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Contact Dermatitis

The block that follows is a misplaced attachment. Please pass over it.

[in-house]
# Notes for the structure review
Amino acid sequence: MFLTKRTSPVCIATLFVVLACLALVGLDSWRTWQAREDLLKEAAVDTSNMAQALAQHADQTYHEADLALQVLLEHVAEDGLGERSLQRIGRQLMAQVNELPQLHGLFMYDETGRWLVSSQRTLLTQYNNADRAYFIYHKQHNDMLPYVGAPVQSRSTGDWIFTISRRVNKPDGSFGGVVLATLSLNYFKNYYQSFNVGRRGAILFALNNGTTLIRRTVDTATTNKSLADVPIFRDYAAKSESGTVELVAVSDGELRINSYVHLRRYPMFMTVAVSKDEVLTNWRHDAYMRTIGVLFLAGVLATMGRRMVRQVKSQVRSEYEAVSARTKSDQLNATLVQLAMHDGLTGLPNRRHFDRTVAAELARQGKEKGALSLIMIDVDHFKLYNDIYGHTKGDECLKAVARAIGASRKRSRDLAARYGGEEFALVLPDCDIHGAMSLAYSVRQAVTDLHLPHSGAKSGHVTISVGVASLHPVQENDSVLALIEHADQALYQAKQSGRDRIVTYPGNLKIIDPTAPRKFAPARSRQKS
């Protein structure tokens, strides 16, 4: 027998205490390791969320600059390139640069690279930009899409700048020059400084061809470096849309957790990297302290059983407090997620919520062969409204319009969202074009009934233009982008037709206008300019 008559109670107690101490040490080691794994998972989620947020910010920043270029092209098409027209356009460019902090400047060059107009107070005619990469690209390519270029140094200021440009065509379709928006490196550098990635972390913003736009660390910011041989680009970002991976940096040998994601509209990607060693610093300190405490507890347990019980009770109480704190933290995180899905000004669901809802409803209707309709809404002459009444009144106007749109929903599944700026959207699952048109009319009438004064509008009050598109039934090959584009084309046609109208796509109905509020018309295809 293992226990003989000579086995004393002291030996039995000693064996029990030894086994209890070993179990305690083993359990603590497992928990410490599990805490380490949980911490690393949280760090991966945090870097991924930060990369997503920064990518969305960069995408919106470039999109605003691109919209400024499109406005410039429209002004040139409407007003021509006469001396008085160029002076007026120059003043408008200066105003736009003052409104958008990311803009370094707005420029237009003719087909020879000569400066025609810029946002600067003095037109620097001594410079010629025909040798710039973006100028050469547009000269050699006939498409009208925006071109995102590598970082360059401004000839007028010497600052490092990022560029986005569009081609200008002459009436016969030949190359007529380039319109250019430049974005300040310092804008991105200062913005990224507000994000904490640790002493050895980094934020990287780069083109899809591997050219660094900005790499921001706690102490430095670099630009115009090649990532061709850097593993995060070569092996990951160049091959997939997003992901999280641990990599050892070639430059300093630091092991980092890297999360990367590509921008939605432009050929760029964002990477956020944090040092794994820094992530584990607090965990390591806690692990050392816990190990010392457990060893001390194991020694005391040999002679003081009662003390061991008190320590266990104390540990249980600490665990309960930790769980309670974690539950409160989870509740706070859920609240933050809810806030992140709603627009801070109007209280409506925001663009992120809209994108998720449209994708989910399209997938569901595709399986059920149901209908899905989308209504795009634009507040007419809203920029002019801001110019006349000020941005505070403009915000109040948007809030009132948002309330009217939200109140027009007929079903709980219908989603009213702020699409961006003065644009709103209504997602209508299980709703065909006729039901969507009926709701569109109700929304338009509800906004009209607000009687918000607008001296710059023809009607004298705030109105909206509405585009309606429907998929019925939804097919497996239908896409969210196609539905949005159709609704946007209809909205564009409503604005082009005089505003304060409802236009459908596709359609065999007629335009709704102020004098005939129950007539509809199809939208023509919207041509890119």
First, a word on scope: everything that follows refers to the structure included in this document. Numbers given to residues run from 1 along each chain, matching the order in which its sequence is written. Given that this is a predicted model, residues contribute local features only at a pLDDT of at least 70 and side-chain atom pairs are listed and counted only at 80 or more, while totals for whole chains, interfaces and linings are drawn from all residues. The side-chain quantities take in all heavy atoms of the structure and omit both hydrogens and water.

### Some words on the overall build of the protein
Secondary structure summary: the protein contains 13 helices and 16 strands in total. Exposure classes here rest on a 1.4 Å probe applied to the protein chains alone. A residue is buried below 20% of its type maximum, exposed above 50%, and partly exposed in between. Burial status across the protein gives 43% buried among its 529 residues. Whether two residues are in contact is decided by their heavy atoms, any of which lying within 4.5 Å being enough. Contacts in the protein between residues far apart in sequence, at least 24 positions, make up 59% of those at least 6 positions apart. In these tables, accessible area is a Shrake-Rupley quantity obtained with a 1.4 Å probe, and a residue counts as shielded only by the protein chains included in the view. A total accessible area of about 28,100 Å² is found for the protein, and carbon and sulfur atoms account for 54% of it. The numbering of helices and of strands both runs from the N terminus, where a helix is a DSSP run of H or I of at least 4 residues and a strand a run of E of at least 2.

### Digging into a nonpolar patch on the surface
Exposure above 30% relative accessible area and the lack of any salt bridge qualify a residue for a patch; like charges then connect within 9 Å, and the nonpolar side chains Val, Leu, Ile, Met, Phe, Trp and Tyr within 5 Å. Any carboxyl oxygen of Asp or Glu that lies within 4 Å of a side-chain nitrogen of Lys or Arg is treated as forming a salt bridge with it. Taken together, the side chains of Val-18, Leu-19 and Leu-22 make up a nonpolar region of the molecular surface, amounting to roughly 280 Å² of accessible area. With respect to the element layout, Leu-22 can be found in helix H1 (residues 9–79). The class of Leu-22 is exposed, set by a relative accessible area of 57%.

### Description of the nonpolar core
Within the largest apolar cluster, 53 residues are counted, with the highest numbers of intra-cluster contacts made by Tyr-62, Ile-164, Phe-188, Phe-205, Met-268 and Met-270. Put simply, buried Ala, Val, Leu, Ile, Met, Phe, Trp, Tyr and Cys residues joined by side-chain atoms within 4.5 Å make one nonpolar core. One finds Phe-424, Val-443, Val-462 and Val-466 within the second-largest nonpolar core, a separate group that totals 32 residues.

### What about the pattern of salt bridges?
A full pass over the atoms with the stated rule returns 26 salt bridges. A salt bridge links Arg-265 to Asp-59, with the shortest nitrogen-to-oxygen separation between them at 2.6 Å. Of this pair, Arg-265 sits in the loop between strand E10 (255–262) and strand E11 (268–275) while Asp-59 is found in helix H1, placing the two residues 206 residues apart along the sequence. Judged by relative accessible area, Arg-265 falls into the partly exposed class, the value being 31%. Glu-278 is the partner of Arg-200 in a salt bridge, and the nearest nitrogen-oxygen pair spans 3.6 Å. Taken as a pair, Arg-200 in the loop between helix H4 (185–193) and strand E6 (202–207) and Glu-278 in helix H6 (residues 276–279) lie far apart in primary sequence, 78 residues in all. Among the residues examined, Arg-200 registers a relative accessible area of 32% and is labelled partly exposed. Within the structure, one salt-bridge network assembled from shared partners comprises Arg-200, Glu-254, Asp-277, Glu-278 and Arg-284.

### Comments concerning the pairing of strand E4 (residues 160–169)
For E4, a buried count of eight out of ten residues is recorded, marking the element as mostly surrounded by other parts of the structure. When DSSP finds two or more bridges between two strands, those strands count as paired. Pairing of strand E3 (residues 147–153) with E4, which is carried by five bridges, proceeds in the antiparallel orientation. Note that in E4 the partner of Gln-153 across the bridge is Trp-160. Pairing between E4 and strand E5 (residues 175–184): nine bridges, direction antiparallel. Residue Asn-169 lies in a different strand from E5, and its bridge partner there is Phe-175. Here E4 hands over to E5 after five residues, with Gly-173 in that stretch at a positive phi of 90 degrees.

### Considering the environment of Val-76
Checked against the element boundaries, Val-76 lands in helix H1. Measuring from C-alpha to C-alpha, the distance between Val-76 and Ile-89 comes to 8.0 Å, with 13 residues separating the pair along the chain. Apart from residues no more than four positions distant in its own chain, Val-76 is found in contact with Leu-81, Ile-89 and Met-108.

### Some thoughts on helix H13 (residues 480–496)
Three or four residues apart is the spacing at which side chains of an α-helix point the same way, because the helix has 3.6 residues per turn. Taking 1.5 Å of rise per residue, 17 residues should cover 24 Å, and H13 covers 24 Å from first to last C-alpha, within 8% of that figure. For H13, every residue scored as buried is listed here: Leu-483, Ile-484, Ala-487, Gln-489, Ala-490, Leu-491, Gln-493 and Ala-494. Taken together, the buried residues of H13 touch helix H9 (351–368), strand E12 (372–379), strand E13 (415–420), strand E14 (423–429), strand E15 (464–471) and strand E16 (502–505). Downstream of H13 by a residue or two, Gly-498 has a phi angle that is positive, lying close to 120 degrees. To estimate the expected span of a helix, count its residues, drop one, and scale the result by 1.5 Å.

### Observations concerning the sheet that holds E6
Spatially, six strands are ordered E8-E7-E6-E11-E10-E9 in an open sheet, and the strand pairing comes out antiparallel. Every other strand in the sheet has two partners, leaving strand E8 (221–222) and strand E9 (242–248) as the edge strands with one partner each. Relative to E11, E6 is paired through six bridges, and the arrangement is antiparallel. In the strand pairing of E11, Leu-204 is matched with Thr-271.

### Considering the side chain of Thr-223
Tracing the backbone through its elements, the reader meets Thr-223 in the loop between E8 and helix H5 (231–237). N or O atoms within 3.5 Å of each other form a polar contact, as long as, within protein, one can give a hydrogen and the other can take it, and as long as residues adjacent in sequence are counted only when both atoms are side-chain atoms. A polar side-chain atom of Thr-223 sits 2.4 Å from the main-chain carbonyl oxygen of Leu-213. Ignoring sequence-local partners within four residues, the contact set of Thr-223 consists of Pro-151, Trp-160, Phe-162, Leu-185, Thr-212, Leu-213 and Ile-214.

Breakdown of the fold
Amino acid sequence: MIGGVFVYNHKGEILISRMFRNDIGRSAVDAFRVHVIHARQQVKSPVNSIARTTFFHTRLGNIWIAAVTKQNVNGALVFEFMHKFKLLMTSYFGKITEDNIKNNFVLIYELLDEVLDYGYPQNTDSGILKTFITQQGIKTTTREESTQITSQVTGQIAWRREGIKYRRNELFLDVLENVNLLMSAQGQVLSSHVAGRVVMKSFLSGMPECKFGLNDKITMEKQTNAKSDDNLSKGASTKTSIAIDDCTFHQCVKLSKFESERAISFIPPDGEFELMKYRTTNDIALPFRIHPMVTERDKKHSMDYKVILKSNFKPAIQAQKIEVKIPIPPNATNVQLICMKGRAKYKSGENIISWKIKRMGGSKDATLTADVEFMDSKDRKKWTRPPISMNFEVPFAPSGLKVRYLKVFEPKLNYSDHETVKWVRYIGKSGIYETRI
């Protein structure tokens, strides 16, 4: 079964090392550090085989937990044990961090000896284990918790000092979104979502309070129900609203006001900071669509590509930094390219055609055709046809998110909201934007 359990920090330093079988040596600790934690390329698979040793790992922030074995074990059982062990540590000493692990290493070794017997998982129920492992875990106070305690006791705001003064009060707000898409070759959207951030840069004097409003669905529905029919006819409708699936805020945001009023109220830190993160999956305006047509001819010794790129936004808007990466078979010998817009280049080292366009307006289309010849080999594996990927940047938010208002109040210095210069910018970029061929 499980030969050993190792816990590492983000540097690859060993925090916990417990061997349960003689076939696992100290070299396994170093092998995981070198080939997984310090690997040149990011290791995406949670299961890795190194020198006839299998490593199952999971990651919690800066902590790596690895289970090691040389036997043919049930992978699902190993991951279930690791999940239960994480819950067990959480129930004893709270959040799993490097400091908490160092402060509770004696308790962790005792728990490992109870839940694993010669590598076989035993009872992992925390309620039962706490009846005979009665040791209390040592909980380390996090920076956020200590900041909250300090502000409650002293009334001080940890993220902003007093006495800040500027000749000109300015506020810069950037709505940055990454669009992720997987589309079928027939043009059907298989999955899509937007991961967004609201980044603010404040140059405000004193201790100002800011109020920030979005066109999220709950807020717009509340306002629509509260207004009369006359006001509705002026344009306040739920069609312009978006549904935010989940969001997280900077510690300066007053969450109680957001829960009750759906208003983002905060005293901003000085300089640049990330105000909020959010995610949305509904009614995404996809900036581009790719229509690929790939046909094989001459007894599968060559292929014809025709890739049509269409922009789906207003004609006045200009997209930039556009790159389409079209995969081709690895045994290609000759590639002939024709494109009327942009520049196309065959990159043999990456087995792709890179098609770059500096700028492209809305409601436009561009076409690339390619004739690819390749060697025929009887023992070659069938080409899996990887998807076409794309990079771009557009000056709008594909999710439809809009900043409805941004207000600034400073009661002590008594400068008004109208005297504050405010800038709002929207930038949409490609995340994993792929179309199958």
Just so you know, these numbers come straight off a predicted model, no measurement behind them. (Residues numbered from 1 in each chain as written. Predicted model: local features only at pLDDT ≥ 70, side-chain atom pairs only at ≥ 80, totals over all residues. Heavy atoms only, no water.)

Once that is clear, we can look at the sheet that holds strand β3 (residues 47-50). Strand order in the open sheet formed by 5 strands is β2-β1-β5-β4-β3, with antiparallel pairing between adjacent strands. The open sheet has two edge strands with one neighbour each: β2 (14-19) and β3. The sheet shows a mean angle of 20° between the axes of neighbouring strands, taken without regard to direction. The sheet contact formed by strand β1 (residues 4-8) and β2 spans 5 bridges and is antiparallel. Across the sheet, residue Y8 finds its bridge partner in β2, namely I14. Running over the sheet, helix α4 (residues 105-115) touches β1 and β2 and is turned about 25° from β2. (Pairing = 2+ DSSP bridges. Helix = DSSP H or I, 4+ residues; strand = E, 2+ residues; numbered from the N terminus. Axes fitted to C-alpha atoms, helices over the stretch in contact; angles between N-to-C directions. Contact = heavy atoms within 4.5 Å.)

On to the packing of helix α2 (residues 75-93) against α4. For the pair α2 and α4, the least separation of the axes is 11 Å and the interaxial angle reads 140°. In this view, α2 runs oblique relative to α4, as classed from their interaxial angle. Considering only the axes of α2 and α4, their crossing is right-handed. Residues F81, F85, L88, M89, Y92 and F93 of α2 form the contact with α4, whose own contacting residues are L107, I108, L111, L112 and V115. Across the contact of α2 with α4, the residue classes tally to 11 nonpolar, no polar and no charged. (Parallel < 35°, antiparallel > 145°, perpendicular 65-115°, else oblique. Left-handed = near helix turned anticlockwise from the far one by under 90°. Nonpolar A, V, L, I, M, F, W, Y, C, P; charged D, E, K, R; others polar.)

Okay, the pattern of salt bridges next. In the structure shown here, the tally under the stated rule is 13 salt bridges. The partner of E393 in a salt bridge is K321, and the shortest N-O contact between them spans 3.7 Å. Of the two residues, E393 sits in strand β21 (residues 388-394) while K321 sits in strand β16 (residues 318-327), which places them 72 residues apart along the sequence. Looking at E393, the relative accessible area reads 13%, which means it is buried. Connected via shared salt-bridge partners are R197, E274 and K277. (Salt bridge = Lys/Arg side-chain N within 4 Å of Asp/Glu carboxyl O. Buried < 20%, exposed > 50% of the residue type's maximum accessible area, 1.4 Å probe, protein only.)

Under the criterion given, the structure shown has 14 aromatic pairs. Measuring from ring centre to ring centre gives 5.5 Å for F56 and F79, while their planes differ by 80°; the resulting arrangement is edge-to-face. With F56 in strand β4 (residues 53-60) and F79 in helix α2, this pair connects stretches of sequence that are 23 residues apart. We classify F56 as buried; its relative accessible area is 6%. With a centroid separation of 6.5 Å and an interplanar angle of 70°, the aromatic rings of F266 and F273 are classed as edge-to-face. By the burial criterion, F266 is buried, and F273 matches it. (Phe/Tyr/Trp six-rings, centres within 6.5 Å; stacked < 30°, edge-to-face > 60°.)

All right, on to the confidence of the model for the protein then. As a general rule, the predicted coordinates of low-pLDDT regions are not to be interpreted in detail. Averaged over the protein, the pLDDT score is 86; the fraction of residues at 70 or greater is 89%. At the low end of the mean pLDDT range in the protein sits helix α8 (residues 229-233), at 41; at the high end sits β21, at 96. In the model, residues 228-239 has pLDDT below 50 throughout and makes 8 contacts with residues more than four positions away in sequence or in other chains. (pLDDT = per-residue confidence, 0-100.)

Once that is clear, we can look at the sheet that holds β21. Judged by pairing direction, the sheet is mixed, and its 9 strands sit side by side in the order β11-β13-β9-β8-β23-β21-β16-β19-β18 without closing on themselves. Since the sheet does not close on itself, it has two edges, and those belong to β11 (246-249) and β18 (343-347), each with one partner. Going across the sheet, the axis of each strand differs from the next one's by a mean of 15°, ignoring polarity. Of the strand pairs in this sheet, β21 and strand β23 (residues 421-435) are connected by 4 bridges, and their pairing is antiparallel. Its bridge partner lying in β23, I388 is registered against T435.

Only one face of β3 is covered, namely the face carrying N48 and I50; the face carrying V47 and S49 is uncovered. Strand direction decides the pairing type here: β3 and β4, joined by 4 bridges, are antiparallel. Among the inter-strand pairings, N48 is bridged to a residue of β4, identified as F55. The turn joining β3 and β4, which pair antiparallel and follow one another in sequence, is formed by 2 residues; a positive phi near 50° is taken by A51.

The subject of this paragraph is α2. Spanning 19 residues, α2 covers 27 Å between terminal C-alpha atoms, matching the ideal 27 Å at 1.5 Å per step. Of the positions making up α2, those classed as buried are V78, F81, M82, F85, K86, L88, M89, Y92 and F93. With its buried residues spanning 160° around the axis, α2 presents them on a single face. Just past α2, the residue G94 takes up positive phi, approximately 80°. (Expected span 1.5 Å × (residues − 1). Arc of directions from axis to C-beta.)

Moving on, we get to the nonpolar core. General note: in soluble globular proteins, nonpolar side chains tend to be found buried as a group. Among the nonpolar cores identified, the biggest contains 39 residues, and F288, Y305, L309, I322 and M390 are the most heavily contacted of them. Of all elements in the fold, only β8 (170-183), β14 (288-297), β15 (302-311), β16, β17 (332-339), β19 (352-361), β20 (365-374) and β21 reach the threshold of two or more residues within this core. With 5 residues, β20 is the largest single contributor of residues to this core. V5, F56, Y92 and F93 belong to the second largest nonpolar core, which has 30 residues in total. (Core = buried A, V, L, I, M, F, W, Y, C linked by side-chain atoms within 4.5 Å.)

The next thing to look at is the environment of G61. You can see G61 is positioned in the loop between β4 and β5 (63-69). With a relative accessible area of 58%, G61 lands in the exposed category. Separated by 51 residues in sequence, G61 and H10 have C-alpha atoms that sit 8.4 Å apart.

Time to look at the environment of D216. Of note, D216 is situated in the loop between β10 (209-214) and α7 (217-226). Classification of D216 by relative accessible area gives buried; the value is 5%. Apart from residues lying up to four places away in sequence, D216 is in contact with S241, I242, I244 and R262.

Contact dermatitis occurs when something that our skin touches causes a rash.  This can occur immediately or can take time to appear.  There are two types of contact dermatitis:  allergic and irritant contact dermatitis (which is more common). In allergic contact dermatitis symptoms can occur a few hours to weeks after the contact. Symptoms include itching, redness, burning, stinging, hives, and blisters. Common causes of allergic contact dermatitis include poison ivy, makeup, nickel, fragrances, nail polishes and adhesive latex gloves. In irritant contact dermatitis something irritates the skin and also damages the outer layers of the skin.  With enough contact a lot of things will irritate our skin including water.  Irritant contact dermatitis can develop at work.  Beauticians, chefs, florists and nurses and others who spend lots of time with wet hands get this.  It often starts with itchy dry, cracked hands. Irritant contact dermatitis include diaper rash, bleach, water, soaps, and paints.  With repeat exposure the rash worsens. A severe allergic reaction known as anaphylaxis can occur in a few people.  Symptoms occur within seconds or minutes.  A person may develop swelling of the throat causing difficulty breathing and swollen face and eyes.  Seek immediate medical care if this occurs. Dr Hayag does a little investigative work when a patient consults her with contact dermatitis.  A careful history and a list of questions that include occupation, skin care products, cosmetics, hobbies, pets, fragrances, and jewelry will be asked. After that she devises a proper treatment plan to the patients in New York. Contact dermatitis treatments include avoidance of the allergen, antihistamines, moisturizers, and topical steroid creams.  Occasionally oral prednisone may be prescribed for severe reactions.

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